It was an exciting, almost euphoric, time when it seemed as if Ukraine could finally break away from its troubled past.
But what I remember most was the confusion.
No one seemed to know where the country was headed.
There was a break from the past, but no real path to the future.
The Yanukovich forces, now in the opposition, managed to obstruct any real progress, while the Yushchenko and Tymoshenko factions of the government fell into infighting.
The Road to the Present Crisis
The 2008 global financial crises hit Ukraine harder than most and the disillusioned Ukrainian public elected Yanukovitch legitimately in 2010.
The Orange Revolution came full circle, with the brutal thug we all took to the street against in 2004 now the rightful leader of a country that was once again in dire straits.
His regime has proved to be every bit as bad as expected.
There has been astonishing corruption, symbolized by the president’s mysterious acquisition of a massive estate and his son Oleksandr, a dentist who has suddenly become one of Ukraine’s most successful businessmen.
Lawlessness has also raised new heights, with the jailing of Timoshenko and the truly heinous case of Oksana Makar shocking even the thoroughly jaded Ukrainian populace.
So this was the preamble for the current protests that rejection of the European trade pact kicked off.
After years of disappointment, this last insult was simply too much.
Yanukovich’s decision to turn Ukraine back toward Putin’s Russia has sent thousands out in the streets again.
It is one thing to steal, to make a mockery of the rule of law and to run the country far below any reasonable standard of competence.
But the prospect of EU integration has come to symbolize inclusion into the community of nations and a chance to live a normal life.
Two nights ago, the police brutally cleared the Maidan, next day the protesters were back in even greater numbers.
A Reason For Hope
This time, I am no longer near the center of events, but thousands of miles away.
I mostly stay connected through my Facebook feed which brims with friends posting news updates and plans for upcoming protests.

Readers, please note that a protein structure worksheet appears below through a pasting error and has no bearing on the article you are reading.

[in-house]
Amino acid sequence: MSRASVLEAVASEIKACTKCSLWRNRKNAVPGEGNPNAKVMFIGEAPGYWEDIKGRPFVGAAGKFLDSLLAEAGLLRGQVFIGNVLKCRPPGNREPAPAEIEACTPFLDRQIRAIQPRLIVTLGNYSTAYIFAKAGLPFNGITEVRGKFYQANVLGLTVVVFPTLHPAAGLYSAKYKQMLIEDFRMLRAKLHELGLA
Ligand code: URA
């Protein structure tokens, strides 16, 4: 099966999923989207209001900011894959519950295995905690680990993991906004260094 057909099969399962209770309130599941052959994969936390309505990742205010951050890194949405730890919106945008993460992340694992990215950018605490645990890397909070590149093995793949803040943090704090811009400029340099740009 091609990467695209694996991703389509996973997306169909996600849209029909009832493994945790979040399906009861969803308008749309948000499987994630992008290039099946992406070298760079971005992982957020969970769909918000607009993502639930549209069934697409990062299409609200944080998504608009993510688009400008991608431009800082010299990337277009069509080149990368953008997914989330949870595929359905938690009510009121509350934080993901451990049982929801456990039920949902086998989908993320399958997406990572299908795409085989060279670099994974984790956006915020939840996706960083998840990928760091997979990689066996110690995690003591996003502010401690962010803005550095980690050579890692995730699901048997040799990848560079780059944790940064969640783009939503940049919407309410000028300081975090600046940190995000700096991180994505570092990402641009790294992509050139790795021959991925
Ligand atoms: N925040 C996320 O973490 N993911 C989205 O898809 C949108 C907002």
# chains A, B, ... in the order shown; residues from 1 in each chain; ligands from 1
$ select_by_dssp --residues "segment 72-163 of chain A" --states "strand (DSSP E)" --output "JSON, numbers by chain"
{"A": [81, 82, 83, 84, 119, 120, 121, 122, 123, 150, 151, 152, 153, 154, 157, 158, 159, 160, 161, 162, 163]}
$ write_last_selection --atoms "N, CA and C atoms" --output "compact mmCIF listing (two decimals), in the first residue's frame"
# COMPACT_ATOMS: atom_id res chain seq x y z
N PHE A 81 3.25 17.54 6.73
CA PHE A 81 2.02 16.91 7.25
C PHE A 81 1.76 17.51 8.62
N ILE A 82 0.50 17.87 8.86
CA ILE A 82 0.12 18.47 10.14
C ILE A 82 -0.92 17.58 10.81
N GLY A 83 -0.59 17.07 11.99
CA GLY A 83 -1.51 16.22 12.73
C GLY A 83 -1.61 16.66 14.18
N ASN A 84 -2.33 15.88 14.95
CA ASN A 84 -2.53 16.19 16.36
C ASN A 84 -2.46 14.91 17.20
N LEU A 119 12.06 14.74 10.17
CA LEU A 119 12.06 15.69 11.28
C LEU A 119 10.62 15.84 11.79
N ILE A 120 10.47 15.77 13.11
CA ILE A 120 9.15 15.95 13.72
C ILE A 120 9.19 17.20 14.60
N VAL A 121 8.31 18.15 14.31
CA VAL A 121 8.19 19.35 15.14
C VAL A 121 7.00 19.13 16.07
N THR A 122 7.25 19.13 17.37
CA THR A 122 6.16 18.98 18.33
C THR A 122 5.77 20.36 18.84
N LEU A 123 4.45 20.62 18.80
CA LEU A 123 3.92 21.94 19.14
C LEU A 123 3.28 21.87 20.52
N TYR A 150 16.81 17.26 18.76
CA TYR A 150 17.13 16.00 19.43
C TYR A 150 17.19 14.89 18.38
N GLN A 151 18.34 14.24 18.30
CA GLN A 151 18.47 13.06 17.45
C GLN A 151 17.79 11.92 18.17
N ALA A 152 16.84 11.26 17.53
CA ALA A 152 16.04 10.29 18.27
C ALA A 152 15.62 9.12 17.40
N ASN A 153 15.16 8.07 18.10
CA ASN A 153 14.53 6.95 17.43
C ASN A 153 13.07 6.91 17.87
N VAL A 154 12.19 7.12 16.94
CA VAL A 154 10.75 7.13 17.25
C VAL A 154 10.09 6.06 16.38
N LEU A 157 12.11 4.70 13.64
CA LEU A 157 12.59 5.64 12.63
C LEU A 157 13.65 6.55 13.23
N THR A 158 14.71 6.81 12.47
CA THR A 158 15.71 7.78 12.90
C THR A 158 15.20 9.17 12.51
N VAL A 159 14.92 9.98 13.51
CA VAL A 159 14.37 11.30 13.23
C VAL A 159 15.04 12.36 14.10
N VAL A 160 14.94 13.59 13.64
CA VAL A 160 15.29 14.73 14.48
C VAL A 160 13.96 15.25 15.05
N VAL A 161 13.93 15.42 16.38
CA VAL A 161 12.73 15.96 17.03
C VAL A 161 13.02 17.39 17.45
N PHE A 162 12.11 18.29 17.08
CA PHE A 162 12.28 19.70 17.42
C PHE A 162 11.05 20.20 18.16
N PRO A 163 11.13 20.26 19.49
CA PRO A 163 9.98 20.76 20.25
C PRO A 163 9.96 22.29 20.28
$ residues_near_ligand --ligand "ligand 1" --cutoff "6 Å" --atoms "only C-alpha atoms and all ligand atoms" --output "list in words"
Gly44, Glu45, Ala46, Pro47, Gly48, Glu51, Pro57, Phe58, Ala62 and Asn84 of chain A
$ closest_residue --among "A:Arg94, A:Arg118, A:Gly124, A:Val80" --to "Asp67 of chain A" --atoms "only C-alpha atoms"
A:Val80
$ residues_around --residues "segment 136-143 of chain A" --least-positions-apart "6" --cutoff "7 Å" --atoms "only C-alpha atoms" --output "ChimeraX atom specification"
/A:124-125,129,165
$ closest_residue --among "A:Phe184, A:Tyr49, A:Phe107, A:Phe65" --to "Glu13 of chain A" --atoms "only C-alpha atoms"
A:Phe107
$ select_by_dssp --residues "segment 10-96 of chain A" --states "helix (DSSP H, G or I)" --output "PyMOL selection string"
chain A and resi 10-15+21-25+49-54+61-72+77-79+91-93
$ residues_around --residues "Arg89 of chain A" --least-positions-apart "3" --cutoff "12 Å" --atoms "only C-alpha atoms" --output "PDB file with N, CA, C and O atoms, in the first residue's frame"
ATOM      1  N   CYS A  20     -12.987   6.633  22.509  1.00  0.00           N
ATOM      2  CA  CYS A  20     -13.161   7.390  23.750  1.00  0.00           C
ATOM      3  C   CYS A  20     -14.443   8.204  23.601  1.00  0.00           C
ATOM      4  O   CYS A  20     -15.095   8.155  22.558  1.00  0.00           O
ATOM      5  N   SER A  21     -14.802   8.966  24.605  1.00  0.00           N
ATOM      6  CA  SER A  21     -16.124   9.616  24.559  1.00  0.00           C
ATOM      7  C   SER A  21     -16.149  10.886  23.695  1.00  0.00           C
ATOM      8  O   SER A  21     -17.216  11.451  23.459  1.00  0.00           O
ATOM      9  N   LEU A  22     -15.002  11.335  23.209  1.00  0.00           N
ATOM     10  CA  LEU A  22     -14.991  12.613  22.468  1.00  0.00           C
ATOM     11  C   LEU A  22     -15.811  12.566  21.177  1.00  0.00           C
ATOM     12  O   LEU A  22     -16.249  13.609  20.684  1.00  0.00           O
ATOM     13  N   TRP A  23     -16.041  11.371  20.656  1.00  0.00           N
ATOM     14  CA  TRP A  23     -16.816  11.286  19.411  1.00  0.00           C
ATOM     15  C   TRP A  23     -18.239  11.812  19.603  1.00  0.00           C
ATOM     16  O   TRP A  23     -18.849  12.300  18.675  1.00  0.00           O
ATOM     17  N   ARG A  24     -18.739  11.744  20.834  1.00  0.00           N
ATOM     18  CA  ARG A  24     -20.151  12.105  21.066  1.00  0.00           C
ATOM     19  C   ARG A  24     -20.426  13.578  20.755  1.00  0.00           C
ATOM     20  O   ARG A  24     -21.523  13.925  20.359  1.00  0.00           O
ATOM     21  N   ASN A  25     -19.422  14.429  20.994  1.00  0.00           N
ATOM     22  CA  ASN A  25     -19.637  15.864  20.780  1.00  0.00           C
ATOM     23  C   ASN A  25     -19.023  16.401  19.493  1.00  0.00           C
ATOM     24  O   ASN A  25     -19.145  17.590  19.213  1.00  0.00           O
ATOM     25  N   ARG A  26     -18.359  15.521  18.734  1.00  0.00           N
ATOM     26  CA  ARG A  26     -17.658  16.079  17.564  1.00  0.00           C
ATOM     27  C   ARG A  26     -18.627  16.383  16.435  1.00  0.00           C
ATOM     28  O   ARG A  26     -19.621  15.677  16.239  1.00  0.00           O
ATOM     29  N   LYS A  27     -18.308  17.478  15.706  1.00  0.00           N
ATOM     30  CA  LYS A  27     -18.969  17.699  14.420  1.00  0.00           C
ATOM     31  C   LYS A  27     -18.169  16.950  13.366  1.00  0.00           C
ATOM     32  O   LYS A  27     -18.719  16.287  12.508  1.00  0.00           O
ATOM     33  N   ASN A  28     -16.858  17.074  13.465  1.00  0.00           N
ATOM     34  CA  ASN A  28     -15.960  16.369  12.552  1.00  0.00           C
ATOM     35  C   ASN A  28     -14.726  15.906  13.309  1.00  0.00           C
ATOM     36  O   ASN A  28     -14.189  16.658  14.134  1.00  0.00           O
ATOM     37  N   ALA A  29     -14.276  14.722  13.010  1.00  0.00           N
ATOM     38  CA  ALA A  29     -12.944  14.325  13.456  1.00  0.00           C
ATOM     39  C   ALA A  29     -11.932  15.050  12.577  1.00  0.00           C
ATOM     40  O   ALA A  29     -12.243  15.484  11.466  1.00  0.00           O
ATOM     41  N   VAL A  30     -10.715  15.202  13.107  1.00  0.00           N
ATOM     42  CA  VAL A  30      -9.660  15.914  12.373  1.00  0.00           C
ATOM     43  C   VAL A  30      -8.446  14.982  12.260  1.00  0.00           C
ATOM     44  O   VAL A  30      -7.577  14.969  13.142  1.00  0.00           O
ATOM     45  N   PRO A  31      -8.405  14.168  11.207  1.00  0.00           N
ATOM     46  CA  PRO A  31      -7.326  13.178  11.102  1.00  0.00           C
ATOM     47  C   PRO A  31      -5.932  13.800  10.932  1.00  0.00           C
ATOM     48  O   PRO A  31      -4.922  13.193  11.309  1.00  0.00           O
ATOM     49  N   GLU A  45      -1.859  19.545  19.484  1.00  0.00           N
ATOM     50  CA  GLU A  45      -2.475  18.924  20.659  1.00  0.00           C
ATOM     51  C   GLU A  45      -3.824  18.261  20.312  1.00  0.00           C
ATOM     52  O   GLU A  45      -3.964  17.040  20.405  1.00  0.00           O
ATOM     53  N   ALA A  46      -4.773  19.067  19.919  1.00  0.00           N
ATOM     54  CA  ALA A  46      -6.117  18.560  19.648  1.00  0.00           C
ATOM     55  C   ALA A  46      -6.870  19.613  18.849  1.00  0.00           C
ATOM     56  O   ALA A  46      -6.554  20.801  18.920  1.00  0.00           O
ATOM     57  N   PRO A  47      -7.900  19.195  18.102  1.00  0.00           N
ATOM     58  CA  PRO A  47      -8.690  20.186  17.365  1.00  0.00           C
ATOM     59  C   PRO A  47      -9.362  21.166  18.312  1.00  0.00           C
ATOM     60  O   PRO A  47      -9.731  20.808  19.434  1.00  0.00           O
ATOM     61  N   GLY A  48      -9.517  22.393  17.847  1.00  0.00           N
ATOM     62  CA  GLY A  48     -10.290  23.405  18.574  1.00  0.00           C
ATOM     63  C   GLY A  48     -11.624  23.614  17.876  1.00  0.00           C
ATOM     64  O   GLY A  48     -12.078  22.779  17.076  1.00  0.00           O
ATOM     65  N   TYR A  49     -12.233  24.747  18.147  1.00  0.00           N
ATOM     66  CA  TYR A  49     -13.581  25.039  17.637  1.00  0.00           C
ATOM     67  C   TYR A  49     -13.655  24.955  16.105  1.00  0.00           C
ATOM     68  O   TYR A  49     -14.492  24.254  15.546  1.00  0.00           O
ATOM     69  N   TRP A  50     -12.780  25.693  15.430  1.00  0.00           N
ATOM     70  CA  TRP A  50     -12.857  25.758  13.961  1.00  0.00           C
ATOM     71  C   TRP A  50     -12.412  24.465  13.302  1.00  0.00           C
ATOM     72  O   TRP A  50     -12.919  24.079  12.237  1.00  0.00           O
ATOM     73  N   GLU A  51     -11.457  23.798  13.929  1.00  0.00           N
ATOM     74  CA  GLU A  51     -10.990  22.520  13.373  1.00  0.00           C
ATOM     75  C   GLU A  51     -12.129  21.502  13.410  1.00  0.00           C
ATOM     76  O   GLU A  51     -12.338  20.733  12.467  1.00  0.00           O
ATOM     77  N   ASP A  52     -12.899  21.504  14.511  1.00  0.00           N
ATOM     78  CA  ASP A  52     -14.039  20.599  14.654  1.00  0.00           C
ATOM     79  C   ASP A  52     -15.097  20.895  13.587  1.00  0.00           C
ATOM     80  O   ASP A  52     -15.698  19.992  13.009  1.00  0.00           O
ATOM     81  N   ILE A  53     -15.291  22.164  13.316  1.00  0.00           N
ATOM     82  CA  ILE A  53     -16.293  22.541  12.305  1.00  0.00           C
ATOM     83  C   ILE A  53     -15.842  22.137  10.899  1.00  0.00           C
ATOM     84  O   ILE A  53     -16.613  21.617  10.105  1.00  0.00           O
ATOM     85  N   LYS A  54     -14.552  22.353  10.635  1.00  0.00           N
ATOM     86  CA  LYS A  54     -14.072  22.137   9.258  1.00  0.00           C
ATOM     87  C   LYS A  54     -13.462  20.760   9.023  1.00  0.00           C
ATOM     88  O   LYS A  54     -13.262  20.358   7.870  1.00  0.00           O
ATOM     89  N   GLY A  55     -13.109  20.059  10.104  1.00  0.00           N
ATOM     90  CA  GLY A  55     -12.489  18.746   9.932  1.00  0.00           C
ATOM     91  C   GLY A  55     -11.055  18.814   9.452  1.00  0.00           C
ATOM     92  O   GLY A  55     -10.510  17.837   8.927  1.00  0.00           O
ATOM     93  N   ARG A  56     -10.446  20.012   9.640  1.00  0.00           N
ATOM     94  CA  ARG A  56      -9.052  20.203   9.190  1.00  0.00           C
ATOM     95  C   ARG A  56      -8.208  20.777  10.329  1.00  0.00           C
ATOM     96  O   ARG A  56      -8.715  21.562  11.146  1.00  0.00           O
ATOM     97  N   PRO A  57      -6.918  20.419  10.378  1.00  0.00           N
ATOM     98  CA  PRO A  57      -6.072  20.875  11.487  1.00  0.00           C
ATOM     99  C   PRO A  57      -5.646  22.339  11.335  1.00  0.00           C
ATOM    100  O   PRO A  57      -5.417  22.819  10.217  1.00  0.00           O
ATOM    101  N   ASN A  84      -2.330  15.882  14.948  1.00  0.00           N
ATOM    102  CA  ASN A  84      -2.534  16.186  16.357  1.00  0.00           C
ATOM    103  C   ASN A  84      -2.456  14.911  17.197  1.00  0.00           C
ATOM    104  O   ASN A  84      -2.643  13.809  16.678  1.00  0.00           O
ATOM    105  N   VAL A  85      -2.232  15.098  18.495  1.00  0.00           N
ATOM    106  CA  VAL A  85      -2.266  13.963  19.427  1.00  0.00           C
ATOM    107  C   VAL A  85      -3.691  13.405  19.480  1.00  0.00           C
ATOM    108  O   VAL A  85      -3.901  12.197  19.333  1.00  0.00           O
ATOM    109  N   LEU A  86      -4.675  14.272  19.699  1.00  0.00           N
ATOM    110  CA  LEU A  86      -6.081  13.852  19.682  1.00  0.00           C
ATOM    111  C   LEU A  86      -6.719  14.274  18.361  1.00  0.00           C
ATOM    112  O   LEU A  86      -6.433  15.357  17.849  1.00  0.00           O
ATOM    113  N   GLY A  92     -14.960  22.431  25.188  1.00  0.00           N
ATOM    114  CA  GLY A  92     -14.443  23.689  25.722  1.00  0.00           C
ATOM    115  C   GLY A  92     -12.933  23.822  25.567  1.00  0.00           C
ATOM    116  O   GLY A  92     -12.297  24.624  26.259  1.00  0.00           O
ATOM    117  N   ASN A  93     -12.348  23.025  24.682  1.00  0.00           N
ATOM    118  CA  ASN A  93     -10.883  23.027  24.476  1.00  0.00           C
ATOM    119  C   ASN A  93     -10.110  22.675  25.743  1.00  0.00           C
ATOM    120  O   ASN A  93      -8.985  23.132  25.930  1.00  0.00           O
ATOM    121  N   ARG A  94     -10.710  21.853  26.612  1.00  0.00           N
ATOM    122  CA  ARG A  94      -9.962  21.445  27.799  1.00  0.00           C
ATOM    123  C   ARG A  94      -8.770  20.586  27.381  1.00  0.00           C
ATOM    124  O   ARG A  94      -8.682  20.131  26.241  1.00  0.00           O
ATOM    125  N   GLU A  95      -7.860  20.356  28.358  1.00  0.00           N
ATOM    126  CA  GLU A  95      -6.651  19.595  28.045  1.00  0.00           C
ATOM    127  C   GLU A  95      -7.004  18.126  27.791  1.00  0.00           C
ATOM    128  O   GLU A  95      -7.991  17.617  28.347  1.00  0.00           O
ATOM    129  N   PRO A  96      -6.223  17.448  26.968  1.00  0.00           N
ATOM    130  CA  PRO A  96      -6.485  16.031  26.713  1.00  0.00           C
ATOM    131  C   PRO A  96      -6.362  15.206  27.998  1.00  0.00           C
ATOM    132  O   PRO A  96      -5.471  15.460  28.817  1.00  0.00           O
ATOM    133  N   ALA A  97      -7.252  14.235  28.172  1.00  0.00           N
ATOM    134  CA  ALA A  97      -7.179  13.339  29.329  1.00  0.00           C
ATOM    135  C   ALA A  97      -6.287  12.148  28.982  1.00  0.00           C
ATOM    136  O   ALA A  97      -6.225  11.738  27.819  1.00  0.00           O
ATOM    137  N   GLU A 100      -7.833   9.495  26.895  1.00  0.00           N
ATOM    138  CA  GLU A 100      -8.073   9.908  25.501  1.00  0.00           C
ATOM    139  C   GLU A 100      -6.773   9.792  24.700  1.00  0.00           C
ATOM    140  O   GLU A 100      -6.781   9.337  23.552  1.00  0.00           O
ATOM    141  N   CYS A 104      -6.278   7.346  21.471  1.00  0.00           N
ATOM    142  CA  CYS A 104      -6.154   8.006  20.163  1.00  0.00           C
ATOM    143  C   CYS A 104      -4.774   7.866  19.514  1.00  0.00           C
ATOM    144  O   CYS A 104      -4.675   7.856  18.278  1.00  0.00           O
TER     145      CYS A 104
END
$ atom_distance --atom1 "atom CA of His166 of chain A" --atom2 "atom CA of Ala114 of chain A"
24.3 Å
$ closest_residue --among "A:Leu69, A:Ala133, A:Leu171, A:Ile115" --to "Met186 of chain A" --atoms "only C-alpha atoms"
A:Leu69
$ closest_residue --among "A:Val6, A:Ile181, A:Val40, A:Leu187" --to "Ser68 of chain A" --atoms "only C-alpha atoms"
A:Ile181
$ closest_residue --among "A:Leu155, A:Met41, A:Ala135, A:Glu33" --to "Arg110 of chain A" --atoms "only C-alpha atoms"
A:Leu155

Much seems like it was back in those heady days in 2004, when we all took to the streets in the freezing cold to protest a fraudulent election.
But I’ve noticed a difference this time.
The Orange Revolution was a break from the past, a bold statement that elections could no longer be stolen.
This time people are taking to the streets to build a bridge to the future, for the country to adopt international standards and become, in the words of the protesters, a “normal country.”
The Maidan of the Orange Revolution has been renamed the “EuroMaidan.”
At this point, I’ve spent the bulk of my adult life doing business in emerging markets and this is what I’ve learned:
Everybody will tell you that they are for reform, that they are modern and that they yearn for the rule of law and for financial discipline.
When questioned about the lack of progress, they will kindly explain that their country is different, that they have their own culture and will do things their own way.
Yet what really matters, more than economic data or assurances from officials, is whether there is a solid, definable commitment to adopt universal standards.
Corruption, after all, is not culture, but its absence.
As digital technology renders economic borders meaningless, local norms are an illusion and a dangerous one at that.
So keep an eye on how the events unfold in Ukraine, because it will be a bellwether in the years to come.
The question being debated really isn’t about “spheres of influence” or geopolitical chessboards, but whether we truly live in a global marketplace of ideas that transcends the selfish presumptions of an earlier age.